Some vegetables, such as artichokes, spinach, sorrels, and asparagus, contain a molecule called cynarine, which is the main culprit in failed pairings between food and wine. Our taste buds feel it as a metallic and unpleasant aftertaste or, in some cases, too sweet sensation. In front of the artichoke, for example, wine always loses.
For a correct wine pairing, we must eliminate barrel-aged wines, both white and red. I also recommend you consider some other ingredients which soften the effect of cynarine. Do not forget the sauces like the hollandaise. Or the cheese or cream. A good share of protein and umami flavor can give another dimension to a pairing with artichokes or asparagus. In this case, mineral wine is an appropriate choice.
The egg by itself does not get along with wine. It has an intense aroma and flavor, especially the hard-boiled eggs. But the pairing can work if we add other components. So fit it as one of the ingredients for example in a sandwich or salad and add other components that can ve well match with wine.
The aroma and taste of smoked aliments, as in the case of meats, fish such as smoked salmon, and cheese, not only intensify the weight and flavor of proteins but tend to dominate the scene in our mouth. It is so predominant that it covers the taste of the wines and, in the case of wines with smoky notes, makes this feature stand out even more. The way to escape from this situation is to uncork some aromatic varieties.
One of the most difficult tastes to create a good pairing is the spicy food, as is the case of some oriental cuisines. Indian or Thai recipes contain many spices, and even very hot chilies, which don’t agree with the wines.
The hot spices highlight the tannins and the alcohol of the wines, making them more aggressive. And vice versa. The wine increases the burning sensation on our palate. It’s like putting out gasoline on the fire. Therefore, we are facing a vicious circle.
If the dish is too spicy, I recommend lowering the grades and accompanying it with a beer or, as is done in the Far East, with a cup of tea.
If you want to evaluate and understand a wine well, you must leave aside the products with intense aromas, such as perfumes and cigarette smoke. You should also avoid eating garlic, drinking espresso, or consuming mint, both toothpaste and chewing gum.
Mint is very good for digestion, but with wine, it has nothing to do. The molecule of menthol does not make the wine more beautiful than it is. Quite the opposite. Some experts argue that a dessert with mint must be accompanied with a wine that has sweetness, a rich aroma, and intense acidity. That is very personal. In my case, I say no to the mint. Yes. Firmly.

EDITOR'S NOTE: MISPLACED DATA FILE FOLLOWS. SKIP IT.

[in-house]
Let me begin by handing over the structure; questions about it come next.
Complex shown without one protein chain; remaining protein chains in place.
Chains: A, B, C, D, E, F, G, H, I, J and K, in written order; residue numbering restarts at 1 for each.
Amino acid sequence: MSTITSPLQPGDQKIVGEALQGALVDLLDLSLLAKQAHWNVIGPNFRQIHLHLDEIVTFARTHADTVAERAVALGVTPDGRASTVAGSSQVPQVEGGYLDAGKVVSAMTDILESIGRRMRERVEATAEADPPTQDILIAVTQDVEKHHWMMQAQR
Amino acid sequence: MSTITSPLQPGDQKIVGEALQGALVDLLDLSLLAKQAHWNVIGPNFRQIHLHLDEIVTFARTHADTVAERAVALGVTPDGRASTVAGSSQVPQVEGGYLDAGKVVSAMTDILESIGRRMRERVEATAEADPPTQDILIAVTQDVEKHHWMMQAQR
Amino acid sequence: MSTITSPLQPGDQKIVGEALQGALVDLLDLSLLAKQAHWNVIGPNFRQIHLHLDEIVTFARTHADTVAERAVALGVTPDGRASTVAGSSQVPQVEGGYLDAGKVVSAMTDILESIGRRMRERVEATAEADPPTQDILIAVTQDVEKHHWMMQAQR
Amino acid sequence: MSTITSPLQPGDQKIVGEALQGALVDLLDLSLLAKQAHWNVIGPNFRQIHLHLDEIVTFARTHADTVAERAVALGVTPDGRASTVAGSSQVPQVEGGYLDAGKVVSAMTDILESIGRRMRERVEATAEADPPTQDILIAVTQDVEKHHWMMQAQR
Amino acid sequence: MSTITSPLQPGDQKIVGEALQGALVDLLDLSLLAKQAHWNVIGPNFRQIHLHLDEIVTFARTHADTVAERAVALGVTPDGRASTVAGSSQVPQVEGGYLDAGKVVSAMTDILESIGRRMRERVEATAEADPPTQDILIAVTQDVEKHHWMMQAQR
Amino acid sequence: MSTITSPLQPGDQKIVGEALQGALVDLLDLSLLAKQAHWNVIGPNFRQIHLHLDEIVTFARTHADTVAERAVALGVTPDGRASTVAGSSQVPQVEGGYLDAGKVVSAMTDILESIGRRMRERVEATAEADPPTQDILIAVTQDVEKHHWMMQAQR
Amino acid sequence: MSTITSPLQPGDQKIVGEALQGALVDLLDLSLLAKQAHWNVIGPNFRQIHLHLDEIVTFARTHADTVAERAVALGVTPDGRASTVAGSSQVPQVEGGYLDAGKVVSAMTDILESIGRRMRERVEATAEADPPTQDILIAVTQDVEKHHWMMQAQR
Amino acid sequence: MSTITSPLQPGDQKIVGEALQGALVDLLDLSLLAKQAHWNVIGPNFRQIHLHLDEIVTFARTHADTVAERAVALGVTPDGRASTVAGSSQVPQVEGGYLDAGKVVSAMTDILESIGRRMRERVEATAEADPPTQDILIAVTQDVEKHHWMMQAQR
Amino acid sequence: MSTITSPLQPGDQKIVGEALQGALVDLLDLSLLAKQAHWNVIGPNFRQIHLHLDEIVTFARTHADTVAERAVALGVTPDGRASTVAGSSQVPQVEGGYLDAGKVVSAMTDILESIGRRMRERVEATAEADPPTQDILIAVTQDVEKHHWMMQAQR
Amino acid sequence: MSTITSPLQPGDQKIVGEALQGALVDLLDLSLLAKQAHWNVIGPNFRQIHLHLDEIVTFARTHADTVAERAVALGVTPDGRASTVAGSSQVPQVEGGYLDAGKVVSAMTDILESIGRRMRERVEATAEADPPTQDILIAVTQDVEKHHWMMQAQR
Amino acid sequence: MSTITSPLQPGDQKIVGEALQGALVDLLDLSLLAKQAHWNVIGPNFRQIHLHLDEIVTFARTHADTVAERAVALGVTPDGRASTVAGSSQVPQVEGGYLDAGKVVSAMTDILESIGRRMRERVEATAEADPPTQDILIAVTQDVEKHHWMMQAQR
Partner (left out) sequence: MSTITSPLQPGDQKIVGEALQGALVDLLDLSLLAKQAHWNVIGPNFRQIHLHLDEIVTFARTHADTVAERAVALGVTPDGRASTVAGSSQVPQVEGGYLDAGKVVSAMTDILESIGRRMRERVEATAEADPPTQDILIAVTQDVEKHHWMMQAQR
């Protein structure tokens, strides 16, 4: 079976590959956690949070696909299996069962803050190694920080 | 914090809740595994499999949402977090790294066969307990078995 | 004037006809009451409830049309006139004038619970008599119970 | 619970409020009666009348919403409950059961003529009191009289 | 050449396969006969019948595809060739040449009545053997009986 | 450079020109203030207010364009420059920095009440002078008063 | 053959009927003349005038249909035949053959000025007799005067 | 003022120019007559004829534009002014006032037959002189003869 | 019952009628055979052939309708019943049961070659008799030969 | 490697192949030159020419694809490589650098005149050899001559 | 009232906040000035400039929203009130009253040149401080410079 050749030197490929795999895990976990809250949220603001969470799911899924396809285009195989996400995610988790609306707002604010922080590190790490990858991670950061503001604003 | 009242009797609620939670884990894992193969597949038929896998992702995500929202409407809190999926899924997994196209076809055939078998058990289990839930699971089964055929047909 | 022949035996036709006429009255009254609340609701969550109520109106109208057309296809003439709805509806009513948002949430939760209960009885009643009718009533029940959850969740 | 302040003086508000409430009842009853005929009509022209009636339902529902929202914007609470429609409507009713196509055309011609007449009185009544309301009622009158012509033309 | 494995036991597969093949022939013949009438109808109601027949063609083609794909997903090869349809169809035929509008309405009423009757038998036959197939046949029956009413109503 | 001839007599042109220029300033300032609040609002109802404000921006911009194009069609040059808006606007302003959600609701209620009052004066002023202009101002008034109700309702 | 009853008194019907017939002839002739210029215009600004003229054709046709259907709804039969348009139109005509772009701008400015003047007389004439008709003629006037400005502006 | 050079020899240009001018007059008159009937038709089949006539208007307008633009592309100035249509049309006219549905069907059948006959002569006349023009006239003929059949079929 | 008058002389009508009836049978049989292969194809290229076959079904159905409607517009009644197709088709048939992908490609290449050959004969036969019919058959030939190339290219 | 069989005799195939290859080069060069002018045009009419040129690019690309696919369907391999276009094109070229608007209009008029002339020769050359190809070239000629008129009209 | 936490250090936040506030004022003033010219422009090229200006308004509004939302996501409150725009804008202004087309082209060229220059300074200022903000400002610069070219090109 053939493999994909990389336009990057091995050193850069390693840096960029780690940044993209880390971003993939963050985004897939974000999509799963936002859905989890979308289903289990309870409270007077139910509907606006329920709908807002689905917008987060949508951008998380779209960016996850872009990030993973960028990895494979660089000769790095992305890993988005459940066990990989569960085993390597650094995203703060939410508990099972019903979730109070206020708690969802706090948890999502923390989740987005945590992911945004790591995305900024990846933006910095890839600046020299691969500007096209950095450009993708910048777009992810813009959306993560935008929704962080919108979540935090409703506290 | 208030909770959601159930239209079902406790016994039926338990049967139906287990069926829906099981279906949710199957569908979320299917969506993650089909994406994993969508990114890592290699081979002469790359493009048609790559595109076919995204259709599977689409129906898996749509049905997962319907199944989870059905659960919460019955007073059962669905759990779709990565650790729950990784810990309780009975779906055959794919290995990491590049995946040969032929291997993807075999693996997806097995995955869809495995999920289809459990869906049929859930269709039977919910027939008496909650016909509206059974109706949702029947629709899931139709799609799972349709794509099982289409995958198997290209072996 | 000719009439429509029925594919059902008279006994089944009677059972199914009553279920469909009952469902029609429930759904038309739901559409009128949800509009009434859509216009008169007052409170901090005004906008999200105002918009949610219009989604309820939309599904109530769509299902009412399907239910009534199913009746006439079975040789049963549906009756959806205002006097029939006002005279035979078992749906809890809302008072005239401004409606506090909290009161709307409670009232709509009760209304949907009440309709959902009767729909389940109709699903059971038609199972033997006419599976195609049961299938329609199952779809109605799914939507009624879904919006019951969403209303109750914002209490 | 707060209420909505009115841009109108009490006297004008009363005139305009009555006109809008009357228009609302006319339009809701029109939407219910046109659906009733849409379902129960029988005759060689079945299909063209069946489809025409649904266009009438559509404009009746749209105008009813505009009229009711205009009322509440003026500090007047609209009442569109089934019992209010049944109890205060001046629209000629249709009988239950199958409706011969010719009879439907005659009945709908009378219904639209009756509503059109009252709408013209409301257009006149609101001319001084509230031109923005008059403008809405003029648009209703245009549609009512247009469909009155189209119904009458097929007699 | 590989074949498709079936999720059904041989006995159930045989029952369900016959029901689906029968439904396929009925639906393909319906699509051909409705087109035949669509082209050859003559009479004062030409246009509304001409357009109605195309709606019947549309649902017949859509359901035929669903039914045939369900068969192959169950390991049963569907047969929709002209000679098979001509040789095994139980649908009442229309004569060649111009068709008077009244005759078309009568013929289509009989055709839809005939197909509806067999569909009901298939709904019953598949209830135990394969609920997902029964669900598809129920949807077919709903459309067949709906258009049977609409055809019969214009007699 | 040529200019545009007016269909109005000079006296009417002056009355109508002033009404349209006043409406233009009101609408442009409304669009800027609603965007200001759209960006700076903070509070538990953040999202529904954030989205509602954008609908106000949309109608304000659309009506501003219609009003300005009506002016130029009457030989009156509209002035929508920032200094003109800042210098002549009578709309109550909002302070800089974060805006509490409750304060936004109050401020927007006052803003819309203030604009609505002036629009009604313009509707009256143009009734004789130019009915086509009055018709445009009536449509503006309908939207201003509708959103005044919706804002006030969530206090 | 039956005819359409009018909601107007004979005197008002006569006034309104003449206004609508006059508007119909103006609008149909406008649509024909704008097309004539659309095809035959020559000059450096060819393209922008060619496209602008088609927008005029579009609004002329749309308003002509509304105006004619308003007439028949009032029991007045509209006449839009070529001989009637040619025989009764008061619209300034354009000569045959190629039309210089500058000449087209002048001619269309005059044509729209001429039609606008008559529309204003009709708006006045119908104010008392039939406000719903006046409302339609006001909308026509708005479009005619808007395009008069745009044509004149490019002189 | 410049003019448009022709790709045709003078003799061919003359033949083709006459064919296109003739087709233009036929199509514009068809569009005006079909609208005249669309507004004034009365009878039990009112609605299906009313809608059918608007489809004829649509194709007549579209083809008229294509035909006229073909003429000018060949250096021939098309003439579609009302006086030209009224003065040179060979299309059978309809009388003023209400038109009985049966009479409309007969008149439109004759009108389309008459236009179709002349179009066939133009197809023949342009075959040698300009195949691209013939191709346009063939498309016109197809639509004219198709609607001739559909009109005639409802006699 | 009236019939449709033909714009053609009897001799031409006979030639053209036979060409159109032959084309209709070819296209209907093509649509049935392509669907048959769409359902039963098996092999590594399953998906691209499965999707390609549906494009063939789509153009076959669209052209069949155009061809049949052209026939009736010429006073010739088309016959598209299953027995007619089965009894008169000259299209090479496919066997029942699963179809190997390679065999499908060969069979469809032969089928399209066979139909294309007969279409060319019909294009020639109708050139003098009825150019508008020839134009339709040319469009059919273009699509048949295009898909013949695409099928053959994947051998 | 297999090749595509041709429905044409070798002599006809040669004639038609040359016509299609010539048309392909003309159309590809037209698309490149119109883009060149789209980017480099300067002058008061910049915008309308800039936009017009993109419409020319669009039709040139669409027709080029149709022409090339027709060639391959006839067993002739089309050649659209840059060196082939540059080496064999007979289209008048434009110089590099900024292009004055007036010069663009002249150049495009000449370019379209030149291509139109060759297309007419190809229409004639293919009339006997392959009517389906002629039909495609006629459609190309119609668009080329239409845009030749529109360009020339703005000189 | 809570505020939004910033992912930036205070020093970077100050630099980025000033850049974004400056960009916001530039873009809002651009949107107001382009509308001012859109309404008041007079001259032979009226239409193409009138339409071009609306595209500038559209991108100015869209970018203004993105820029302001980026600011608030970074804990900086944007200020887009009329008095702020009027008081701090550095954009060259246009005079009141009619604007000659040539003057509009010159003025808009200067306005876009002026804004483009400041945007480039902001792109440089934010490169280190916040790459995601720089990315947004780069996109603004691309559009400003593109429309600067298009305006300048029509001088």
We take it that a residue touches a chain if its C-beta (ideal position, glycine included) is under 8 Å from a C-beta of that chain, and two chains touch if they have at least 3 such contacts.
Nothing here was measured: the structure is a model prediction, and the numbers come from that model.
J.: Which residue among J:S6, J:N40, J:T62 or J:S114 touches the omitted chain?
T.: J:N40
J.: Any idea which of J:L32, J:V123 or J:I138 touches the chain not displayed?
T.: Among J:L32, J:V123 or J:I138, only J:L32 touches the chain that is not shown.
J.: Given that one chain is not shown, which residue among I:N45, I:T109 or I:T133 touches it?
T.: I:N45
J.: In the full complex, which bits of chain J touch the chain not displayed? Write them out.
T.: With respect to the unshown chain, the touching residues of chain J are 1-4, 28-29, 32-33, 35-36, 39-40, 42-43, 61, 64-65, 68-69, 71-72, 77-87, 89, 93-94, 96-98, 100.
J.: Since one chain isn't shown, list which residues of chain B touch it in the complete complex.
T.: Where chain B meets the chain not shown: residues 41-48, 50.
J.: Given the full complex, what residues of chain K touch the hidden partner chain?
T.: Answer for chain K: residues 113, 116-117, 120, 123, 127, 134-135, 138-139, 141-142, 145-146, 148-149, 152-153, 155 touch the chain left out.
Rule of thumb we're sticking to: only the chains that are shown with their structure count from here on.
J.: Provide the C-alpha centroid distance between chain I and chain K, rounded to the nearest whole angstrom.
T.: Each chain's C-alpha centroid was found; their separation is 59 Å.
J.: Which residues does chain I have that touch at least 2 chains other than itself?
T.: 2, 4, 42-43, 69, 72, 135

Chocolate is undoubtedly the most delicious ingredient in the world. But cocoa contains so many tannins that it is very difficult to live in harmony with the tannins present in the wine.
In this conflict, one of them must give way. The best thing to do is to choose a wine with a lower tannic load, so instead of young full-bodied reds better to choose some older vintages, at least if it exceeds 5 years of storage when the tannins are more smooth.
If we want to mitigate the impact of chocolate, the most natural way is to add some milk components like cream, milk chocolate, whipped cream, dessert sauce, or simply add fruits like raspberries, blueberries, or blackberries.
The best solution is to choose a wine with power, not only with great alcohol and tannic structure but also with a high level of sugar, such as Porto, Madeira, Recioto, or Amarone.
Pistachios, hazelnuts, and chestnuts are not the most favorite food for wines, especially when they are toasted. The risk is great because they remind us of a defect that appears in wines: the so-called cork aroma. The healthiest thing to do is to skip these ingredients or replace them with nuts and almonds.
Marinated pickle food or fermented foods, such as cucumbers, mushrooms, plums, beets, or herring, are the perfect snack. Its flavors are so intense, that in Central Europe are traditionally served with vodka. And the discussion is over.
The acidity of the vinegar is a nightmare for the wine and, in the specific case of herring, we have to add the fat of the fish. It’s too much for wine.
Vinegar is also the basis of the emulsions or sauces that we use for our salads. This intense taste breaks the balance between the acidity and the sweetness of the wine. It is very noticeable in the case of reds.
To make this challenge to work, the wine must be firm and dry, even with tannins astringent and high acidity. My trick is to replace the apple or white vinegar with a raspberry or add a drop of honey to provoke a counterpoint with its acidity. We can also prepare a dressing for a salad based on white wine or simply lemon juice.
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